This op-ed originally appeared in the Los Angeles Times, January 12, 2001.
by Jack M. Balkin
The disclosure that Linda Chavez harbored an illegal immigrant destroyed her chances to serve in the Bush administration. Chavez can well complain that she was treated unfairly. But behind her personal tragedy lies a more important lesson about the American constitutional system. Chavez is not only the victim of her political enemies. She is a victim of a president-elect who does not yet fully understand the questionable circumstances that brought him into power.
After ordinary elections, the Senate allows an incoming president his choice of Cabinet members. But this is not an ordinary election. Some Americans continue to believe that George W. Bush is not the legitimate president of the United States. They believe that he and the Republican Party stole the 2000 election, aided and abetted by a lawless act from five conservative activist justices on the U.S. Supreme Court. And even if Bush was legally elected president, he lost the popular vote. Not only does he lack a mandate; he has a negative mandate. More voters opposed his policies than favored them. In no way could the election be seen as approval for the far right wing of the Republican Party.
Recognizing this, President-elect Bush promised bipartisanship and compromise. Then he deliberately nominated three Cabinet appointees–Chavez, Gale A. Norton as Interior secretary and John Ashcroft as attorney general–who were far out of the mainstream. And he appointed them in departments dealing with some of the most controversial issues in contemporary politics. He acted as if nothing unusual had happened in Florida and he had won the popular vote by eight percentage points.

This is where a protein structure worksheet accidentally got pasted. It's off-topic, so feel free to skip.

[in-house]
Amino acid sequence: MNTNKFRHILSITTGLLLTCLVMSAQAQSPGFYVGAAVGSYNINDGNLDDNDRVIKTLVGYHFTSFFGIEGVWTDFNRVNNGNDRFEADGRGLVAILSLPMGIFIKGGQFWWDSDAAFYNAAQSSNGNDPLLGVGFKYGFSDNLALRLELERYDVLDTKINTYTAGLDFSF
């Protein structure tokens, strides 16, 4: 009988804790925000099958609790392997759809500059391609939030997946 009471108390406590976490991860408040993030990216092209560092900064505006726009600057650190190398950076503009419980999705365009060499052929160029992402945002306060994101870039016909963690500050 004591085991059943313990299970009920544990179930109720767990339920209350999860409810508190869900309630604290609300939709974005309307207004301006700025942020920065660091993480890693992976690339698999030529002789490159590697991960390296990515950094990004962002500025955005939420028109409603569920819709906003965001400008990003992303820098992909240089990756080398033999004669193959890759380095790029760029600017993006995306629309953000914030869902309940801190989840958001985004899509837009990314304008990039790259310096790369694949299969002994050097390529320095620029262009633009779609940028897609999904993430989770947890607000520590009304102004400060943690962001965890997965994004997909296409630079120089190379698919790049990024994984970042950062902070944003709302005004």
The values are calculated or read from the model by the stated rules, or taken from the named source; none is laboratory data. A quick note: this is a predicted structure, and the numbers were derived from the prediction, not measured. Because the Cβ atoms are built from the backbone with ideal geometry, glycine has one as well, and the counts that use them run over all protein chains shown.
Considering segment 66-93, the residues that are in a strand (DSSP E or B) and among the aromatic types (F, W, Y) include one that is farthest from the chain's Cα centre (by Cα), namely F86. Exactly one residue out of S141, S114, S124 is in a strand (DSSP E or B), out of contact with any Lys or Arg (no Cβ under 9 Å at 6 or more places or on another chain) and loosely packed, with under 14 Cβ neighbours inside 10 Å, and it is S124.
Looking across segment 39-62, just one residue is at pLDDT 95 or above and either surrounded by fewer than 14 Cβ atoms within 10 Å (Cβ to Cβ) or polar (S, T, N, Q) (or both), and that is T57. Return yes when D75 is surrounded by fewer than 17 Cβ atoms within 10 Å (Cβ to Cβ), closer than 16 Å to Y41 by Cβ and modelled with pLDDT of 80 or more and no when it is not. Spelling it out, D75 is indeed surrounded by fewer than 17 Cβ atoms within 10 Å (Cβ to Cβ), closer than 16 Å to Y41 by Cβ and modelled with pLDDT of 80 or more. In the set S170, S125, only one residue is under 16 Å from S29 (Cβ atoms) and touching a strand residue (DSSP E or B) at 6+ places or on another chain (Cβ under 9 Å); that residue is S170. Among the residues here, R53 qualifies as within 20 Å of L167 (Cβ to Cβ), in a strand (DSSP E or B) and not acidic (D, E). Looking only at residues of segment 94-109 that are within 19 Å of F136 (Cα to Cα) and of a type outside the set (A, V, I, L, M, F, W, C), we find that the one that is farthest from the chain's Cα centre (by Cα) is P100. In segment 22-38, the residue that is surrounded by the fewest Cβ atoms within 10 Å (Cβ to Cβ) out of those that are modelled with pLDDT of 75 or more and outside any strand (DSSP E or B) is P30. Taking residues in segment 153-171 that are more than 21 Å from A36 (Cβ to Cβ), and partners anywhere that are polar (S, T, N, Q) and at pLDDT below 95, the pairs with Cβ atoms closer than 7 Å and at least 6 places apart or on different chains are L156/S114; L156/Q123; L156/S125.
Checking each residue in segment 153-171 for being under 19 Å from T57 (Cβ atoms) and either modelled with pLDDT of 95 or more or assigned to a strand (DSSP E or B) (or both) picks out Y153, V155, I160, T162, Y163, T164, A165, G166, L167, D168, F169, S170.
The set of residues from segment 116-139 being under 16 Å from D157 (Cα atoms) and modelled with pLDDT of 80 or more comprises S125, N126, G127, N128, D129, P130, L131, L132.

The Senate’s power to advise and consent is one of the basic checks and balances of our constitutional system. It prevents the president from nominating unqualified candidates. But it also acts as a brake on ideological frolics. It keeps appointments closer to the mainstream and is a barometer of the president’s political mandate. The more powerful a president, the more easily he can appoint nominees far from the center; the weaker the president, the more he must compromise with the Senate. Thus, in 1986, when President Reagan was at the height of his popularity, he could nominate a jurist of the hard right like Antonin Scalia to the U.S. Supreme Court, but after the Iran-Contra scandals weakened him, he had to settle for the more moderate Justice Anthony Kennedy instead of Robert Bork.
So it is today. Bush enters the presidency under a cloud of illegitimacy, with no mandate other than an obligation to bipartisanship and compromise. Under these circumstances, the Senate has the constitutional authority–and the duty–to hold him to a moderate course. That is true of Cabinet appointments; it is even more true of judicial nominations that offer life tenure.
The tragedy of the Chavez controversy is that her defeat was accomplished under the cover of accusations of illegal conduct, through what she called the politics of personal destruction. But the real objection to Chavez was that Bush should never have nominated so ideological a candidate in the first place. It was no wonder that the knives were out for Chavez. Attacking a nominee’s honesty and morality may give politicians cover, but it is not the most honest way to conduct politics. Candor is necessary in times of constitutional crisis, and make no mistake, the accusations of illegality hovering over the election constitute a genuine crisis for the nation.
Given that crisis, the Senate should take up its constitutional responsibilities seriously. It should hold Bush to his promise to represent all the people. It should reject Ashcroft and Norton if they are too far out of the mainstream and hostile to most Americans’ commitments to civil rights and the environment. Moreover, it should not be afraid to explain its reasons for doing so.
Refusing Ashcroft and Norton for the right reasons would send the correct signal to the president about how he must govern for the next four years. And it would be much better than destroying these public servants through personal attack and innuendo.